which measures how close the reconstructed input $z$ is to the original input $x$. When the data resembles a vector
binary values or a vector of probabilities (which are both values in the range of $[0,1]$), you can also use the
cross-entropy of reconstruction loss function, which calculates how many “bits” of information are preserved in the
reconstruction compared to the original. This loss function is <script type="math/tex">J(x, z) = -\sum_k^d[x_k \log z_k +
(1-x_k)log(1-z_k)].</script></p>
<p>Once you’ve picked a loss function, you need to consider what activation functions to use on the hidden layers of the
autoencoder. In practice, if using the reconstructed cross-entropy as output, it is important to make sure</p>
<p>(a) your data is binary data/scaled from 0 to 1
(b) you are using sigmoid activation in the last layer</p>
<p>You can also optionally use sigmoid activations for each hidden layer, as that will keep the activation values between
0 and 1, and make it easier to perform linear transformations on the data that keeps it in the range of values that it
is provided in.</p>
<h3 id="application-to-pre-training-networks">Application to pre-training networks</h3>
<p>There are many ways to select the initial weights to a neural network architecture. A common initialization scheme is
random initialization, which sets the biases and weights of all the nodes in each hidden layer randomly, so they are in
a random point of the space, and objective function, and then find a nearby local minima using an algorithm like
<a href="https://en.wikipedia.org/wiki/Stochastic_gradient_descent">SGD</a> or <a href="https://arxiv.org/abs/1412.6980">Adam</a>. In
2006-2007, autoencoders were discovered to be a useful way to pre-train networks (in 2012 this was applied to conv
nets), in effect initializing the weights of the network to values that would be closer to the optimal, and therefore
require less epochs to train. While I could try re-explaining how that works here, Quoc Le’s explanation from his
series of Stanford lectures is much better, so I’ll include the links to that below.<sup id="fnref:2"><a href="#fn:2" class="footnote">2</a></sup> <sup id="fnref:3"><a href="#fn:3" class="footnote">3</a></sup> In particular, look at
section 2.2 of the deep learning tutorial for the part about pre-training with autoencoders.</p>
<p>However, other random initialization schemes have been found more recently to work better than pre-training with
autoencoders. For more on this, see <a href="http://www.jmlr.org/proceedings/papers/v28/sutskever13.pdf">Martens</a> for Hessian-free optimization as one of these methods, and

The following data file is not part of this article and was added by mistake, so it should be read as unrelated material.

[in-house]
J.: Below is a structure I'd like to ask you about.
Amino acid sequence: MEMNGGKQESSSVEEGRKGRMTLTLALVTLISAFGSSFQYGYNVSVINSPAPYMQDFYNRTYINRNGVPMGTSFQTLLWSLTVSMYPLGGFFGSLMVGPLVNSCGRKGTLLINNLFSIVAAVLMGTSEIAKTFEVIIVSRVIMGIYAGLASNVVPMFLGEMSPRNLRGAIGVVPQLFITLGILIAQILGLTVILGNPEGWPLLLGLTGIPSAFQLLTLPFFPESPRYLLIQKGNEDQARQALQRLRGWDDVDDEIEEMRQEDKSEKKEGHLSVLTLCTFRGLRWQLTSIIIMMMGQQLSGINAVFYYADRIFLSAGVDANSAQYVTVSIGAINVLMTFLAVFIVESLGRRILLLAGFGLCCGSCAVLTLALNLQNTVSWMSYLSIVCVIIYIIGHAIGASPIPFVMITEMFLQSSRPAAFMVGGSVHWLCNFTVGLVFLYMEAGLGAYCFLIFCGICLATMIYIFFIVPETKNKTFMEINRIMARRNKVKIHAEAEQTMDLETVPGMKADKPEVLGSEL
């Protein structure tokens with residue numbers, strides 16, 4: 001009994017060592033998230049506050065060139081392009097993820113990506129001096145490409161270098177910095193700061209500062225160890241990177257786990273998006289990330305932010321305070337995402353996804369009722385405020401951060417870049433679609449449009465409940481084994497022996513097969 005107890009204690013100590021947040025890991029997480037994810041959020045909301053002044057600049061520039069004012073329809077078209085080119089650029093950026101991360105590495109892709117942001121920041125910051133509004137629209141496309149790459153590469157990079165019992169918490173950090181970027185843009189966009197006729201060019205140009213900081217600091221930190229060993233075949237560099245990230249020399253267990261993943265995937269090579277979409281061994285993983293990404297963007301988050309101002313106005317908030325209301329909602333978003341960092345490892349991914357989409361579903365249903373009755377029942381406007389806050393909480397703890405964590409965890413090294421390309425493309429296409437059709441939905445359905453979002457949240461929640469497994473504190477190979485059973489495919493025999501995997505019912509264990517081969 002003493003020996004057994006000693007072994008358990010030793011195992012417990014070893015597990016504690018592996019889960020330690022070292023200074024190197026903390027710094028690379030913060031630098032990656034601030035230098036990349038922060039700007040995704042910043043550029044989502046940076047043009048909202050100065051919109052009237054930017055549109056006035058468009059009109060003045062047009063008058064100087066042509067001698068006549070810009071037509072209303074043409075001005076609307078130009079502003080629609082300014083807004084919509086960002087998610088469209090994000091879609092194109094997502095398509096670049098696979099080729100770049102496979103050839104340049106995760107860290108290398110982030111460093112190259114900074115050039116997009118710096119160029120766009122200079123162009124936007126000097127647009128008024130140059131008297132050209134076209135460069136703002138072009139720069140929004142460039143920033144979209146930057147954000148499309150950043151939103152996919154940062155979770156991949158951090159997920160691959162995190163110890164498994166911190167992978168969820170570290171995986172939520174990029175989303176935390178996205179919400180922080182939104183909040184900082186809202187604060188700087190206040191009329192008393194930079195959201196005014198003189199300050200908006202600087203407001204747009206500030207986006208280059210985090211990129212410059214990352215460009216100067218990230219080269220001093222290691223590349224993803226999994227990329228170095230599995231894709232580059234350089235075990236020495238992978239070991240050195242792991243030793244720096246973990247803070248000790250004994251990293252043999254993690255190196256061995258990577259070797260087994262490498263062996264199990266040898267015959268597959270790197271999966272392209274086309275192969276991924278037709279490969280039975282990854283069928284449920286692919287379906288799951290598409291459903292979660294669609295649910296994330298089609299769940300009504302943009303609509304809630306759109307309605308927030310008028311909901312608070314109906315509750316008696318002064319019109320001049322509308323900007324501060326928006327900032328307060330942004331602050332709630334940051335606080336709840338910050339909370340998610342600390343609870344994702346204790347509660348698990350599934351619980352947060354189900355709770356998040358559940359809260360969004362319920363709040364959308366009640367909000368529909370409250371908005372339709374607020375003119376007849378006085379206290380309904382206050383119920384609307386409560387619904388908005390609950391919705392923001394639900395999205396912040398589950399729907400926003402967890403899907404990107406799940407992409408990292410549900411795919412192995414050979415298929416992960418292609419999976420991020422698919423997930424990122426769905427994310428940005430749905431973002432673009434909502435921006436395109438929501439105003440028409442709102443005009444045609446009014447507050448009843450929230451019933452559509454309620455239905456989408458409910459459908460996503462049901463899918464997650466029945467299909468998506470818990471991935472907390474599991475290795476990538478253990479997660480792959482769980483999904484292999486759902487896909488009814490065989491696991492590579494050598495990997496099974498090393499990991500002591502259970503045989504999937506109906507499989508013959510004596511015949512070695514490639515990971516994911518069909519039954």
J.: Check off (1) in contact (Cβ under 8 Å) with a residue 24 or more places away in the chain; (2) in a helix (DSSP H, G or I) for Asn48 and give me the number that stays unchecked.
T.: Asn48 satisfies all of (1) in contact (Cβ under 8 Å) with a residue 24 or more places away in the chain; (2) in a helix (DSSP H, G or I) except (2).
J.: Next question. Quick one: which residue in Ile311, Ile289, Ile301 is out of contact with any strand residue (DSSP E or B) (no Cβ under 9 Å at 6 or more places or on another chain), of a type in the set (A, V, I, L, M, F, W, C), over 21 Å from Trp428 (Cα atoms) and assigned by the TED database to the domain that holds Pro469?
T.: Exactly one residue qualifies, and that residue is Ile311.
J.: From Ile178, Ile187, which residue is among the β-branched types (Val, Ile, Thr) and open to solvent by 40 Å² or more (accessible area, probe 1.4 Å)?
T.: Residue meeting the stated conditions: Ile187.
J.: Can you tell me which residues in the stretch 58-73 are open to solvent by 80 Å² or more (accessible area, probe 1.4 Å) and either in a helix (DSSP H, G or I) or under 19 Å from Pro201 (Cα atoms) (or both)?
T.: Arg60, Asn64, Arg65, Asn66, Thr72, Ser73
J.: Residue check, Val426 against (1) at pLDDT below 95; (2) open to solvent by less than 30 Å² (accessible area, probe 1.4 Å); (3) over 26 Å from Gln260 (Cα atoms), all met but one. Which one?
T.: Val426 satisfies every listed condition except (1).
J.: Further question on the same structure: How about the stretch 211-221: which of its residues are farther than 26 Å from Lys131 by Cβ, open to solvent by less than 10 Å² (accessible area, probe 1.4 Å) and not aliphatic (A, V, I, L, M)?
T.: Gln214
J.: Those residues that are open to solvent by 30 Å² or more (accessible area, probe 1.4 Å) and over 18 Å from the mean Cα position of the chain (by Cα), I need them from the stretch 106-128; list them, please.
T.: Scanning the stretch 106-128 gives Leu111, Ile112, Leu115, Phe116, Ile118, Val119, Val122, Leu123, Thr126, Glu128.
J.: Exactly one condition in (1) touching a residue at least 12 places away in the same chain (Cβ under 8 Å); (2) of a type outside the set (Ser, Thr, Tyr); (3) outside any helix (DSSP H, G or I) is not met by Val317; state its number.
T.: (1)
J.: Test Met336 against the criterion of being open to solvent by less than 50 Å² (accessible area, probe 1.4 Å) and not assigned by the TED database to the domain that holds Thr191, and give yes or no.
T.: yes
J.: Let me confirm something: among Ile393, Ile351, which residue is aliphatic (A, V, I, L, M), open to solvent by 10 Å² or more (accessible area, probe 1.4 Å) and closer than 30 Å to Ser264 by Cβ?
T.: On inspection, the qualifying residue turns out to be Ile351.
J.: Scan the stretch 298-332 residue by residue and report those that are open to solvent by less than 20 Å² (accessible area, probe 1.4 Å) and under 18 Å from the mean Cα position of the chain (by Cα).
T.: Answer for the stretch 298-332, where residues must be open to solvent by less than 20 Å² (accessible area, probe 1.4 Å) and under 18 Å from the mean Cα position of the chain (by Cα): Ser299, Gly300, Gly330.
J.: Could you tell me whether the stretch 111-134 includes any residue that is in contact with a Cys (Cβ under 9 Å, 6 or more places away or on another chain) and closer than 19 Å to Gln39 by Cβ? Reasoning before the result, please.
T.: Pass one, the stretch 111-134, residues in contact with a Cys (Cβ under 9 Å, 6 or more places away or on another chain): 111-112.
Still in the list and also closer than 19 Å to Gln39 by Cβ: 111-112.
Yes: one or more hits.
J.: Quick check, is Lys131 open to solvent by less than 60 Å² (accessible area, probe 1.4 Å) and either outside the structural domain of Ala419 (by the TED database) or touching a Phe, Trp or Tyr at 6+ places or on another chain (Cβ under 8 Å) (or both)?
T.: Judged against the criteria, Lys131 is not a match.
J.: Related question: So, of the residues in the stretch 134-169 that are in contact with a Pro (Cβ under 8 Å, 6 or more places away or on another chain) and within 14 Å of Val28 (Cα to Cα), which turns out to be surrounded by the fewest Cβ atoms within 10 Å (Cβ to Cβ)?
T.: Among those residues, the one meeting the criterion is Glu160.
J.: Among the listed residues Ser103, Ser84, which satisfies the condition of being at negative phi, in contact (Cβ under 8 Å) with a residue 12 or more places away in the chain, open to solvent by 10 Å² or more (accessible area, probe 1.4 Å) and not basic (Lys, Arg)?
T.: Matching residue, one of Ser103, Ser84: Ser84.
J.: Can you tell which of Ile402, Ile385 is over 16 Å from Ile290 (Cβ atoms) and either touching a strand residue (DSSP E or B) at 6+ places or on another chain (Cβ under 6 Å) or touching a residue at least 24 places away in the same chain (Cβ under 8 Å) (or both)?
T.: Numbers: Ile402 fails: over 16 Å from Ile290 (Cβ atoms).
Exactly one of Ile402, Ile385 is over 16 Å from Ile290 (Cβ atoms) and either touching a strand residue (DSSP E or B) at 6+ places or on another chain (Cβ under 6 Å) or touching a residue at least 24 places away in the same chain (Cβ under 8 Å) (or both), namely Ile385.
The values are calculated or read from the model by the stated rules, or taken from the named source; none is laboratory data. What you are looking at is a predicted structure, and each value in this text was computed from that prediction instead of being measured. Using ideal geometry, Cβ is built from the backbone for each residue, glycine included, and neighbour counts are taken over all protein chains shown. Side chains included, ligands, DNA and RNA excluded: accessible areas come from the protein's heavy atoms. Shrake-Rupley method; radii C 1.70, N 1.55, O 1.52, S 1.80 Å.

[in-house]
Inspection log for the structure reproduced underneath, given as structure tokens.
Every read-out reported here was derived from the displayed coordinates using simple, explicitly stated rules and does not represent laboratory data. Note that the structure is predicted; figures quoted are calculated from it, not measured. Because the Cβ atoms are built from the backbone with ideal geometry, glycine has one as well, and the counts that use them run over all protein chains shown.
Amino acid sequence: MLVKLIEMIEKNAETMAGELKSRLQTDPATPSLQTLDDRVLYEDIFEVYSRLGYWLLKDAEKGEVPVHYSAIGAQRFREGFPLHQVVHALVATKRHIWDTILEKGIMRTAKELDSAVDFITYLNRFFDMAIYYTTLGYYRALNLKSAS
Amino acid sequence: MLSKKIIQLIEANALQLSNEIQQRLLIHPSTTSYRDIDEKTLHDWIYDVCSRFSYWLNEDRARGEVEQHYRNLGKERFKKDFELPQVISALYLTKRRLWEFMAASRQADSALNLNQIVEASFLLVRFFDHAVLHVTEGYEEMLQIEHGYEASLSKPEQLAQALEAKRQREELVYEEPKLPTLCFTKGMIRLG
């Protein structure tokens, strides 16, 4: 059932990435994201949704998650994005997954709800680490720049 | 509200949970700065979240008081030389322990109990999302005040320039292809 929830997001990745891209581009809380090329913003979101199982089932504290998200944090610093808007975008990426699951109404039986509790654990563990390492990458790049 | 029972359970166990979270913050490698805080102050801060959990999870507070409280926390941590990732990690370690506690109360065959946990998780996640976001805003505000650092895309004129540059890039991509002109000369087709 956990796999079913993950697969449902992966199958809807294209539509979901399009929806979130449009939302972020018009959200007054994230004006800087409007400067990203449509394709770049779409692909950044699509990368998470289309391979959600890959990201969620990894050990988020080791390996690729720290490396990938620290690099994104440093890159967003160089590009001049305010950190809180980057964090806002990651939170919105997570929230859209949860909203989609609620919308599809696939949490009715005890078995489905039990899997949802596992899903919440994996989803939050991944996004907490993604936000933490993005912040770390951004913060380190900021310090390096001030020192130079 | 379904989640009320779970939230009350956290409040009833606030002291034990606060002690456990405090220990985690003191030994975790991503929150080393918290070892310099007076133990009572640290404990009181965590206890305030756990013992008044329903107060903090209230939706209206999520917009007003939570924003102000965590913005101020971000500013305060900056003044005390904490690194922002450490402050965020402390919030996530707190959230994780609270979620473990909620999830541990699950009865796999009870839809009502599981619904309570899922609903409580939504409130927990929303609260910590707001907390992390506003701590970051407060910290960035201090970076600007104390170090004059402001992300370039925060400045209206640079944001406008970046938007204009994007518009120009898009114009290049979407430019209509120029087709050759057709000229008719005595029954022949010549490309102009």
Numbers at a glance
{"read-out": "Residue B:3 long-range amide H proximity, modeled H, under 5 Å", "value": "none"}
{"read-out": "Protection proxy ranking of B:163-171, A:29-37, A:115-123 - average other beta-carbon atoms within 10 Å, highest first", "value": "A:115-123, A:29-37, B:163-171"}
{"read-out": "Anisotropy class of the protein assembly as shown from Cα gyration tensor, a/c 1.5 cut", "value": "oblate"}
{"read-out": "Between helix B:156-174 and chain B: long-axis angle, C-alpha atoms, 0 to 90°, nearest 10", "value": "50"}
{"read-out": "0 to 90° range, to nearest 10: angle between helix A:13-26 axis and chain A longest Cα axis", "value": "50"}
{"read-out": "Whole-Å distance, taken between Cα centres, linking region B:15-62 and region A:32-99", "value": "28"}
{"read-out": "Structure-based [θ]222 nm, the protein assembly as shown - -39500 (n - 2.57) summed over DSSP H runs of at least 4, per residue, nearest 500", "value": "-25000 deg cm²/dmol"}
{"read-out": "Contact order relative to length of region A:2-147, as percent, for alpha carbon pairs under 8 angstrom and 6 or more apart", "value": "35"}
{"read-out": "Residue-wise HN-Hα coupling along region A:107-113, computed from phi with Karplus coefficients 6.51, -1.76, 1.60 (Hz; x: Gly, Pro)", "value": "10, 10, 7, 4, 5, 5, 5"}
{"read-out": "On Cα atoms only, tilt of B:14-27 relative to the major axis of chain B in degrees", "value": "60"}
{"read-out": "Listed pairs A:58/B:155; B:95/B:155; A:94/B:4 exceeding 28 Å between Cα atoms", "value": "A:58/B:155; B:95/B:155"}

<a href="http://www.jmlr.org/proceedings/papers/v28/sutskever13.pdf">Sutskever, Martens et al</a> for an overview of initialization and momentum.</p>
<h3 id="sparsity">Sparsity</h3>
<p>One of the things that I am currently experimenting with is the construction of sparse autoencoders. These can be
implemented in a number of ways, one of which uses sparse, wide hidden layers before the middle layer to make the
network discover properties in the data that are useful for “clustering” and visualization. Typically, however, a
sparse autoencoder creates a sparse encoding by enforcing an l1 constraint on the middle layer. It does this by
including the l1 penalty in the cost function, so, if we are using MSE, the cost function becomes</p>
<script type="math/tex; mode=display">J(x,z,s) = \lVert x - z \rVert^2 + \lambda\lVert s \rVert_1</script>
<p>where $s$ is the sparse coding in the middle layer, and $\lambda$ is a regularization parameter that weights the
influence of the l1 constraint over the entire cost function. For more on these, see <a href="http://deeplearning.stanford.edu/wiki/index.php/Sparse_Coding:_Autoencoder_Interpretation">sparse coding</a></p>
<h2 id="denoising-autoencoders">Denoising Autoencoders</h2>
<h3 id="introduction-1">Introduction</h3>
<ul>
<li>autoencoders to reconstruct noisy data</li>
<li>Useful for weight initialization
<ul>
<li>unsupervised learning criterion for <strong>layer-by-layer initialization</strong> <sup id="fnref:4"><a href="#fn:4" class="footnote">4</a></sup>:
<ul>
<li>each layer is trained to produce higher level representation</li>
<li>with successive layers, representation becomes more abstract</li>
</ul>
</li>
<li>then, <strong>global fine-tuning</strong> of parameters with another training criterion
<ul>